Regulators are still poring over the details but the merger between Raytheon (Raytheon Stock Quote, Chart, News NYSE:RTN) and United Technologies (United Technologies Stock Quote, Chart, News NYSE:UTX)) is likely to go ahead, according to Christopher Blumas of GlobeInvest Capital, who argues that in the meantime, of the two companies, UTX is the better stock to own.
Defence contractor Raytheon and aerospace company United Technologies announced their merger plans in early June, with the boards from each company agreeing to a $121-billion tie-up that would add another big conglomerate to the already consolidated aviation and defence sectors.
As of 2019, the combined entity would have sales of about $74 billion, making it second only to Boeing in terms of US defence contractors.
That piling up of power has been the talk of the town this summer as investors wait for news from the US Department of Defence and the Department of Justice, both currently scrutinizing the deal for potential antitrust issues. News broke in late August from the Pentagon’s undersecretary for acquisition and sustainment, Ellen Lord, who said that while the potential merger is still under review she nonetheless felt that there are “no major concerns that I know of right now.”
But with a deal still likely months away, investors have been left wondering where the chips will fall, eventually. Blumas says that both companies are solid investments but favours United Technologies over the near term.
“I do like Raytheon, I do like the merger and I really like United Technologies,” said Blumas, vice-president and portfolio manager for GlobeInvest Capital Management, who spoke to BNN Bloomberg on Tuesday.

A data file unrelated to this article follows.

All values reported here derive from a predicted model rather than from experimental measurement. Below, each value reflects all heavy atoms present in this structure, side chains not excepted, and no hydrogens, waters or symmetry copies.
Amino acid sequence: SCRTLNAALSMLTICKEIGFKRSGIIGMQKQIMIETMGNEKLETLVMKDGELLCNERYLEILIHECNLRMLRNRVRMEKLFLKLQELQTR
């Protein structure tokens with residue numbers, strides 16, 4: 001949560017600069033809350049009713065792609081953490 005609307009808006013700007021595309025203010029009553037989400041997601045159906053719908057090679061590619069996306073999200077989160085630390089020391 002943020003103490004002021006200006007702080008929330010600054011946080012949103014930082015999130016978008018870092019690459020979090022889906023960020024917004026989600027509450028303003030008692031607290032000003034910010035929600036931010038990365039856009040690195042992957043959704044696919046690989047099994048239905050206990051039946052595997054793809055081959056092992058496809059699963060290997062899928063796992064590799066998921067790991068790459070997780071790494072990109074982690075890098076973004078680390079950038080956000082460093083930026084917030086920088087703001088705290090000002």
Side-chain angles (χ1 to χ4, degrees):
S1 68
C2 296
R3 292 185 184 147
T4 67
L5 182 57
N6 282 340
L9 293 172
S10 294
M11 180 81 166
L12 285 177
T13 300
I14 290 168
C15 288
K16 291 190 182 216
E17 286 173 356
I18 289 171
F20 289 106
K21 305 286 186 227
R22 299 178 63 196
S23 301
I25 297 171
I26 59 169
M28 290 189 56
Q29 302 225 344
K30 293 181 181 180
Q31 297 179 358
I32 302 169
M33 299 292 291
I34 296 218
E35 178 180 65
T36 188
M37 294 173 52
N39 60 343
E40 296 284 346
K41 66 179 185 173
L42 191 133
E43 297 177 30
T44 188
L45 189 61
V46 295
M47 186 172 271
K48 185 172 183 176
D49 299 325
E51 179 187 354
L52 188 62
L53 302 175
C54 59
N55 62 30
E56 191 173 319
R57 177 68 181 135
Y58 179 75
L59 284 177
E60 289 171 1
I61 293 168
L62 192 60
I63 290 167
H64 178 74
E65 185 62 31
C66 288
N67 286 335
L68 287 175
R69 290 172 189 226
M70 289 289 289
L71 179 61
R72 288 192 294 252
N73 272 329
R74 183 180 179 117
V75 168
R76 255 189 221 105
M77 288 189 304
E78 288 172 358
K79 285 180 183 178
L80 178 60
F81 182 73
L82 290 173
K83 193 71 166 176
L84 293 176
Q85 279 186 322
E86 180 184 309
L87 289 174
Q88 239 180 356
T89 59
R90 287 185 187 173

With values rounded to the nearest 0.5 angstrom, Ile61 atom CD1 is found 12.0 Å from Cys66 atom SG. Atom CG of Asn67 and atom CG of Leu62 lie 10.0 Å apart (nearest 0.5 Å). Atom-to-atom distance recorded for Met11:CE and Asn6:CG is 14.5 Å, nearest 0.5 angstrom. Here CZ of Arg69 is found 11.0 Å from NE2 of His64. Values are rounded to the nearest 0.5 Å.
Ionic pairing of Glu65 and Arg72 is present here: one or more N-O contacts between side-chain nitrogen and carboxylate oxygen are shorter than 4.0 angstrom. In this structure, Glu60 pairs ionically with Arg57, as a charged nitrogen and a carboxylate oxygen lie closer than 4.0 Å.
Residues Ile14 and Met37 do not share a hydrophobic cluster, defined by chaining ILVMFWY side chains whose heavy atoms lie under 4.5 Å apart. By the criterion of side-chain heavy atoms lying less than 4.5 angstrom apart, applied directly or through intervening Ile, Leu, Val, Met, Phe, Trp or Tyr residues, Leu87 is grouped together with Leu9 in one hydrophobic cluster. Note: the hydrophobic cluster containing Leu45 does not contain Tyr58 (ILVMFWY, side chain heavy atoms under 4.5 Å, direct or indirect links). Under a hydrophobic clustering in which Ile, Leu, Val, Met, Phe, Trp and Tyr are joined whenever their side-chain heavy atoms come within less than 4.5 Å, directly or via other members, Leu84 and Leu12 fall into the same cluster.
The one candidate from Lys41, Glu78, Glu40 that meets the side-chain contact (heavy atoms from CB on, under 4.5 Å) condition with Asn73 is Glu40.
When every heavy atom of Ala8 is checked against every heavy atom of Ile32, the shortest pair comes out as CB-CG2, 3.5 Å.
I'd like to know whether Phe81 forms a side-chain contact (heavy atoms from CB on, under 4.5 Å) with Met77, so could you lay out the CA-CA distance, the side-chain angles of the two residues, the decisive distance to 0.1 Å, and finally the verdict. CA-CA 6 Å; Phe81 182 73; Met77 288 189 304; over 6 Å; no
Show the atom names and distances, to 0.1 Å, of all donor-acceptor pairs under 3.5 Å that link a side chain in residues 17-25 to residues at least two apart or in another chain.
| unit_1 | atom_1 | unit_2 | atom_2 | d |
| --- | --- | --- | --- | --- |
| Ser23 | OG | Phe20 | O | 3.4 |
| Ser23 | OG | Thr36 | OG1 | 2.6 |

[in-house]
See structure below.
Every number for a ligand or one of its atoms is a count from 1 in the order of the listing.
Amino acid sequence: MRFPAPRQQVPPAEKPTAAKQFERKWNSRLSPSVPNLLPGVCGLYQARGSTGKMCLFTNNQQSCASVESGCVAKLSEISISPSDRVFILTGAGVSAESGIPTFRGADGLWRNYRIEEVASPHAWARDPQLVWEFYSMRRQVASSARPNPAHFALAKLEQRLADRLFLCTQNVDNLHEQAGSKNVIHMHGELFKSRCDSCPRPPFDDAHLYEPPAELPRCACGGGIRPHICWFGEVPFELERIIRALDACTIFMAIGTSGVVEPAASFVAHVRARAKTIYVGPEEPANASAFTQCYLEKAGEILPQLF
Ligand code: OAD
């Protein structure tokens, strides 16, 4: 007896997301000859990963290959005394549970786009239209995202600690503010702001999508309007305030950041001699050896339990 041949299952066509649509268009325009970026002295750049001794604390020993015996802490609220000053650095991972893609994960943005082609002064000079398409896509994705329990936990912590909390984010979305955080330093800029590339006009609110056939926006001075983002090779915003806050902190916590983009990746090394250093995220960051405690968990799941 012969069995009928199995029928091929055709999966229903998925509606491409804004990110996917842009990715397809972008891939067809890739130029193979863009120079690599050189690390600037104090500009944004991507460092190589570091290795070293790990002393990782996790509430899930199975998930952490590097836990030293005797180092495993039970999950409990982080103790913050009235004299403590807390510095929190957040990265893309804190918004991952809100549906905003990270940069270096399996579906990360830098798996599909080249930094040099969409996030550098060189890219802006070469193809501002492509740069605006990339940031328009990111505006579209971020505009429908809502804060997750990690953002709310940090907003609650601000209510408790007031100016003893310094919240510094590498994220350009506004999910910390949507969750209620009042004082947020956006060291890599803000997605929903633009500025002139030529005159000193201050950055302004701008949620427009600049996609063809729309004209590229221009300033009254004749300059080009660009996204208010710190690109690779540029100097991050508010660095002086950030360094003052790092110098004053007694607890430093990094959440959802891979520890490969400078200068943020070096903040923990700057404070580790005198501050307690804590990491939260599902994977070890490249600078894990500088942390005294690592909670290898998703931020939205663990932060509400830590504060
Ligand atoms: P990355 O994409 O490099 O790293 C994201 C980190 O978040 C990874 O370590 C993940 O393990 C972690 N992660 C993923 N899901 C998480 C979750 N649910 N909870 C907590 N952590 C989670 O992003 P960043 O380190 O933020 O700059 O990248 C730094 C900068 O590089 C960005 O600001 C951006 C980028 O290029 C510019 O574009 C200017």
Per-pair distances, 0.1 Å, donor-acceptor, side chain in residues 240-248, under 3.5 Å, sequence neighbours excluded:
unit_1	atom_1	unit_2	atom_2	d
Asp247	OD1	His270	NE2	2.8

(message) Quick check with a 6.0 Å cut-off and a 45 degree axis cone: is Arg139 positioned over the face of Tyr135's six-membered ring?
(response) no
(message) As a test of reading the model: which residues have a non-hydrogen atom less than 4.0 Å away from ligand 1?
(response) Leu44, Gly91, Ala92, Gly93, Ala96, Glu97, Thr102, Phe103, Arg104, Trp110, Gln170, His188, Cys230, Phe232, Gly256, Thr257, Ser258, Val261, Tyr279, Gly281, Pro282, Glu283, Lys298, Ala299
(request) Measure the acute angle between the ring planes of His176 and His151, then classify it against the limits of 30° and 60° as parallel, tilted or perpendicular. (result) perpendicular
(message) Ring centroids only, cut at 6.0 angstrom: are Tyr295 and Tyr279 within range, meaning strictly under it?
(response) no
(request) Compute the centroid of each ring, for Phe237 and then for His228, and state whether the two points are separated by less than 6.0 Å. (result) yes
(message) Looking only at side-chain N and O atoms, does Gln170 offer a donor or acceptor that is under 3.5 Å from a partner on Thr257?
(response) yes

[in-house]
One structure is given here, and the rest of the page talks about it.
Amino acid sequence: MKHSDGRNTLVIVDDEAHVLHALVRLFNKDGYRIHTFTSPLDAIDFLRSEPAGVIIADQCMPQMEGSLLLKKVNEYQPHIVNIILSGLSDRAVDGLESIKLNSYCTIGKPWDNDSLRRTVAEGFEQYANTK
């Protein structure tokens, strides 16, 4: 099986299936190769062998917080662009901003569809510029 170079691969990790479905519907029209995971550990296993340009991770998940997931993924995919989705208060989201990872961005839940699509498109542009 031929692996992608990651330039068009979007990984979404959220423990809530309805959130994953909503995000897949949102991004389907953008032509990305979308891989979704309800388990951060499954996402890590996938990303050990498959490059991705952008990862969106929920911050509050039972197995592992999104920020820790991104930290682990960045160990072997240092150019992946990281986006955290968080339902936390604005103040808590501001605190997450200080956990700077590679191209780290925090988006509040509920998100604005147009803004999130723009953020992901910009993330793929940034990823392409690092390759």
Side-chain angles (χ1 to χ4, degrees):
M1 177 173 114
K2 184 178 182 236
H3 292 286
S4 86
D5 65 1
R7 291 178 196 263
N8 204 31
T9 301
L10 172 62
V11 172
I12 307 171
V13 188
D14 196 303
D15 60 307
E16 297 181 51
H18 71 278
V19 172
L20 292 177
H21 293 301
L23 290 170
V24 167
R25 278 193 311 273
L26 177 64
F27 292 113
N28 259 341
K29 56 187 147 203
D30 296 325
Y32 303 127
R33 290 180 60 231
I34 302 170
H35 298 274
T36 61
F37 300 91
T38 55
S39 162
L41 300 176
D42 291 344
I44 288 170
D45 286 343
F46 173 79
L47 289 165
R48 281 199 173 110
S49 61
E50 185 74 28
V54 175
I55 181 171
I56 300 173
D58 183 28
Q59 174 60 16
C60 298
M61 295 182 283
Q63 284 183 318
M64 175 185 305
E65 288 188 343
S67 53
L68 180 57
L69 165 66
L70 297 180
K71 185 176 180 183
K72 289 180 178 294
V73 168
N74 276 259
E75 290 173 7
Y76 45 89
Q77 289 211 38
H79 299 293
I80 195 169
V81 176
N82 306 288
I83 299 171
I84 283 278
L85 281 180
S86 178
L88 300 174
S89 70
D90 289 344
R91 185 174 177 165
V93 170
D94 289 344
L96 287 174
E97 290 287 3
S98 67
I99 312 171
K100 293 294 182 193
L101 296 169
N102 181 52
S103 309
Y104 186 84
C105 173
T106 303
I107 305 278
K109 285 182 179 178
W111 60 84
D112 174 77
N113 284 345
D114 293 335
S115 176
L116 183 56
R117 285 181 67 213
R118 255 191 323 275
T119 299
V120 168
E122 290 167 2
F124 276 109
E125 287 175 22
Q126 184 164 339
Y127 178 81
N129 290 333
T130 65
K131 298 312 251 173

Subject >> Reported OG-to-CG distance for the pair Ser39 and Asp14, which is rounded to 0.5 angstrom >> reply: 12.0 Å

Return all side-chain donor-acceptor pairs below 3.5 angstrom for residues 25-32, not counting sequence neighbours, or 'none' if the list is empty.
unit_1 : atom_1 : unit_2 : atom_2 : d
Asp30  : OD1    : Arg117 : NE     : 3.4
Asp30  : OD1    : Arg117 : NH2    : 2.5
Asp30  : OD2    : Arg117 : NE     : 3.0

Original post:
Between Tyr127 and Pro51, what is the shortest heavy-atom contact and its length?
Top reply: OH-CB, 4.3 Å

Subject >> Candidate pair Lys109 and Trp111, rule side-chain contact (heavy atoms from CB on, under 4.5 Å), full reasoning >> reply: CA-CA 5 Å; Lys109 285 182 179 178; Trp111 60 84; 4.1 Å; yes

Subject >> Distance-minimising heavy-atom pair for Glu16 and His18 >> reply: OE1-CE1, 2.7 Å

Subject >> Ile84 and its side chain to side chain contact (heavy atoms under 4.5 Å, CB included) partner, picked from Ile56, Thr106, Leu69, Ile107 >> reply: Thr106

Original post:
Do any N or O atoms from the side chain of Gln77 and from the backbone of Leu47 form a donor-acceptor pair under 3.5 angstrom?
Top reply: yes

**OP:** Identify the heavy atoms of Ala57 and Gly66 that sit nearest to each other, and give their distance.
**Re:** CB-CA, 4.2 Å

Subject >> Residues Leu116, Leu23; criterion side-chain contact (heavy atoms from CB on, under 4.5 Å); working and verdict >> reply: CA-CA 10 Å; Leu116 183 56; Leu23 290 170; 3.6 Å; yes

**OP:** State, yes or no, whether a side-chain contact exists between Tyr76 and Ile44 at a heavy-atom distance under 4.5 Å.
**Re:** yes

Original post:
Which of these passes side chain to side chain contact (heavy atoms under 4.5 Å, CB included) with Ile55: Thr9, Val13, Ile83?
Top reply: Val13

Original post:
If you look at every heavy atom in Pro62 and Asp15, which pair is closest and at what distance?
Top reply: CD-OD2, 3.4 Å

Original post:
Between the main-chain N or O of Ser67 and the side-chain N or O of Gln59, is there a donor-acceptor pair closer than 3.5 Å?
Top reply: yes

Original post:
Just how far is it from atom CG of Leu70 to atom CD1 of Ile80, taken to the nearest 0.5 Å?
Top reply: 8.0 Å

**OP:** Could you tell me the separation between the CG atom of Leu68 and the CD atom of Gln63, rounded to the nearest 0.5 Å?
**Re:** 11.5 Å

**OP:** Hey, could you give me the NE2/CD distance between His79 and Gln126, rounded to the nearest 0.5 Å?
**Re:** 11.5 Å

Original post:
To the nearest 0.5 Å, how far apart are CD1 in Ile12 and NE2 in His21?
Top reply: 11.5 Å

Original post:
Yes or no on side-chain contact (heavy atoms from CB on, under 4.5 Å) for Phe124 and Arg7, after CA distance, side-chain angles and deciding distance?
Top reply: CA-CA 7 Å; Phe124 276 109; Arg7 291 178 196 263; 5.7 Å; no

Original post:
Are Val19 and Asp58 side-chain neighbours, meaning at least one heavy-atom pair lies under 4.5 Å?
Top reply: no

“Our preference has been to be on the United Technologies side because I think that more value will be created through the merger, the continued acquisition plan and then the spinning off of those non-core assets,” he says. “For Raytheon, if the deal falls apart, there’s a lot more downside than upside, so my preference would be just to not play there and to get on the side where more value can get created over the longer term.”
The market’s reaction to the planned merger has been mixed. Both RTN and UTX took an initial hit on the announcement in early June but have traded up and down over ensuing weeks. United Technologies is now up 29 per cent year-to-date, while Raytheon is up 31 per cent. Both stocks have gained a little over ten per cent since the late-August report from the Pentagon.
Blumas says with the latest uptick in share prices, there’s likely little upside left until a decision on the merger is reached.
“There’s only so far that this one can run,” Blumas says. “With their merger arrangement, there’s going to be a kind of cap in terms of how high the share price can go. This thing would trade in a fairly narrow band because it’s merger arbitrage players who are betting on whether or not the deal will go through.”
“I think that this is a deal that has a really high probability of getting completed,” he says. “Why you might want to pick the Raytheon side as opposed to United Technologies is that it might be a little more of a value bump. If you bought it and held it, what you’re left with is a company with a much better competitive position long-term with a really good balance sheet that’s capable of doing further deals.”